Animal shelters, no matter how posh or spare, can be lonely places for the animals who wait there for their forever homes. Even if the animals are treated with care and kindness, nothing takes the place of being at home with a loving family. So one man spent ten nights in the Humane Society of Pasco County to shed light on the struggles public shelters and their animals face. And his efforts have helped lead to improvements at the shelter as well as adoptions.
32-year-old Kris Rotonda of Safety Harbor, Florida became an animal lover when he rescued his dog Jordan, a 13-year-old German Shephard, Bullmastiff, and Samoyed mix from Pinellas County Animal Services.
“She saved me and changed a lot for me,” Rotonda said.
When Jordan passed away from cancer, Rotonda knew his mission to help animals was just beginning. He started a foundation in Jordan’s honor, called Jordan’s Way, to help shelters in need.
He secured partnerships with animal food companies like Chewy and Purina. But he knew something more radical needed to be done to draw attention to what it’s really like for a dog to live in a shelter.
So he decided to stay in the shelters. In cages. Each night, with a different dog for ten nights.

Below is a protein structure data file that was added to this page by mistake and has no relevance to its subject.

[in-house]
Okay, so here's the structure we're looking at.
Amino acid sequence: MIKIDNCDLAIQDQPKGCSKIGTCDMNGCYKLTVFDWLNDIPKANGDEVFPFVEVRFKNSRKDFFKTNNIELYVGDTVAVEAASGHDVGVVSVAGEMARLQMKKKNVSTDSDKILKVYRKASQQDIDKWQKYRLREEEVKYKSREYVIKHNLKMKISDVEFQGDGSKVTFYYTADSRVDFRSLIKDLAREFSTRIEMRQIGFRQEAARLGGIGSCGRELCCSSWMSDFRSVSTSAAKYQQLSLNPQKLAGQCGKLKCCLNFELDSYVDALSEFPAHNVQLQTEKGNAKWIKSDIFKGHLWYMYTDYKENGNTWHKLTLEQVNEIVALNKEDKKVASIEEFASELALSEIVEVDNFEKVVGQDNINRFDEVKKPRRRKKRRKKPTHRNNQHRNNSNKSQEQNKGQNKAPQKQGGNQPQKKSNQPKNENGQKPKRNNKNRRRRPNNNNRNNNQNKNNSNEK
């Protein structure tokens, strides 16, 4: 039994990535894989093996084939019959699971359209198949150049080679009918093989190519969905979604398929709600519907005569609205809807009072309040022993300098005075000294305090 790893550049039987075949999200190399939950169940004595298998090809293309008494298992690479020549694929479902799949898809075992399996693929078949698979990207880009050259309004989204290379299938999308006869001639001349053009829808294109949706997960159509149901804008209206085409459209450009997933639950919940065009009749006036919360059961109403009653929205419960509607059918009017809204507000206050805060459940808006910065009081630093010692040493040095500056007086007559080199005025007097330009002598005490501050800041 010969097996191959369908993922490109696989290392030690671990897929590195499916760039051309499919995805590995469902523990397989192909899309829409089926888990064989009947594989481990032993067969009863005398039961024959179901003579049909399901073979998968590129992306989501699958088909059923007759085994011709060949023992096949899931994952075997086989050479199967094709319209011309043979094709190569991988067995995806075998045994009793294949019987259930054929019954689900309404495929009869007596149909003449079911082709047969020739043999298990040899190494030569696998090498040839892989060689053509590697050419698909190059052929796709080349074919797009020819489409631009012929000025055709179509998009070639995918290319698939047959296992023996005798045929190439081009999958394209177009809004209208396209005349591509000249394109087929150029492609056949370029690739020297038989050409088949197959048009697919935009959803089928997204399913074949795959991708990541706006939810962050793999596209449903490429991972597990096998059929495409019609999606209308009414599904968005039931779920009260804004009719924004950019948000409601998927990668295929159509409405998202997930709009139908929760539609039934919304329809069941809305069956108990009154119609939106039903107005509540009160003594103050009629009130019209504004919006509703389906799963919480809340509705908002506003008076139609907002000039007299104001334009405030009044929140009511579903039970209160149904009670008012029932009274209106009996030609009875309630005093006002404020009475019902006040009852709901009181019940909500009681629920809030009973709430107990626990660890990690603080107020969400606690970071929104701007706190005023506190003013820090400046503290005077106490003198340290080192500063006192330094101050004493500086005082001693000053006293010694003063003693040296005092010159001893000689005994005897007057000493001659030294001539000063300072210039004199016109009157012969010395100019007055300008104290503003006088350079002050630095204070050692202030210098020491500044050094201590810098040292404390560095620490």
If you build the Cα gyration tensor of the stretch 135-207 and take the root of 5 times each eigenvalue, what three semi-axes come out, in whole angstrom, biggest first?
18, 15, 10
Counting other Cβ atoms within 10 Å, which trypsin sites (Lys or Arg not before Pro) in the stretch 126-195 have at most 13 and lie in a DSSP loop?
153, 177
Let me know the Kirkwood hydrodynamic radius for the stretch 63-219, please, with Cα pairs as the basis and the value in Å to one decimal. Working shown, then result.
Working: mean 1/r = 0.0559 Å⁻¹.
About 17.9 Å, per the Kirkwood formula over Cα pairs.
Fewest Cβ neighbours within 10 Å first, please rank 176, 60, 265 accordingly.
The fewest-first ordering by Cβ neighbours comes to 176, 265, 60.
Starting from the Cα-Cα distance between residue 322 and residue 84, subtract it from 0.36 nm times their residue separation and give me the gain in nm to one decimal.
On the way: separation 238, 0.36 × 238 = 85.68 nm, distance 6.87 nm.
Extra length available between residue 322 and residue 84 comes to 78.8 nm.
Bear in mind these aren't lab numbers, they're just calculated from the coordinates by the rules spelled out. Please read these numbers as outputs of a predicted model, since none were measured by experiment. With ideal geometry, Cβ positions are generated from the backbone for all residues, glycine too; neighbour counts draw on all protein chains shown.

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“(Shelters) are often overlooked,” Rotonda said. “I kind of wanted to wake up Pasco County and the community a little more and put myself in the position of these animals to understand how solitude gets to you and how to deal with it. It’s very difficult, and it gives you a different perspective.”
Before he spent ten nights at the Humane Society of Pasco County, he stayed overnight for 72 hours at the YOUR Humane Society SPCA in Sumter County. He asked the staff to treat him like a dog, taking him outside for only an hour and half to play and use the bathroom. He couldn’t shower. The shelter smelled terrible and the air was filled with constant barking.
“I told the shelter, ‘Don’t give me any special treatment. Treat me like a German Shepherd.'”
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When Rotonda expressed his interest in staying at the Humane Society of Pasco County, Vice President Christine DePaolo was skeptical. She finally agreed but checked on him for the first few nights to make sure he was okay.
While Rotonda was staying in the shelter, he posted live videos each night on the shelter’s Facebook page. He requested donations such as harnesses, toys, food, and money to help support the shelter.
He slept on the cement in a cage and watched Everybody Loves Raymond on his iPad while cuddling with the dogs.
And Rotonda’s actions helped. Each video received more than 1,000 views—and helped many of the dogs get adopted.
“He’s helped clear our kennels out,” DePaolo said. “They get adopted rather quickly after his live videos. Some come the next day, and we’ve had dogs that come to us and 24 hours later they’ve got a new home. And one day we had a donation of $1,100 waiting for us.”
“He’s brought a lot of attention, and we’re incredibly grateful for him,” DePaolo said. “For many years, people didn’t know where we were or even that we existed. But now they do.”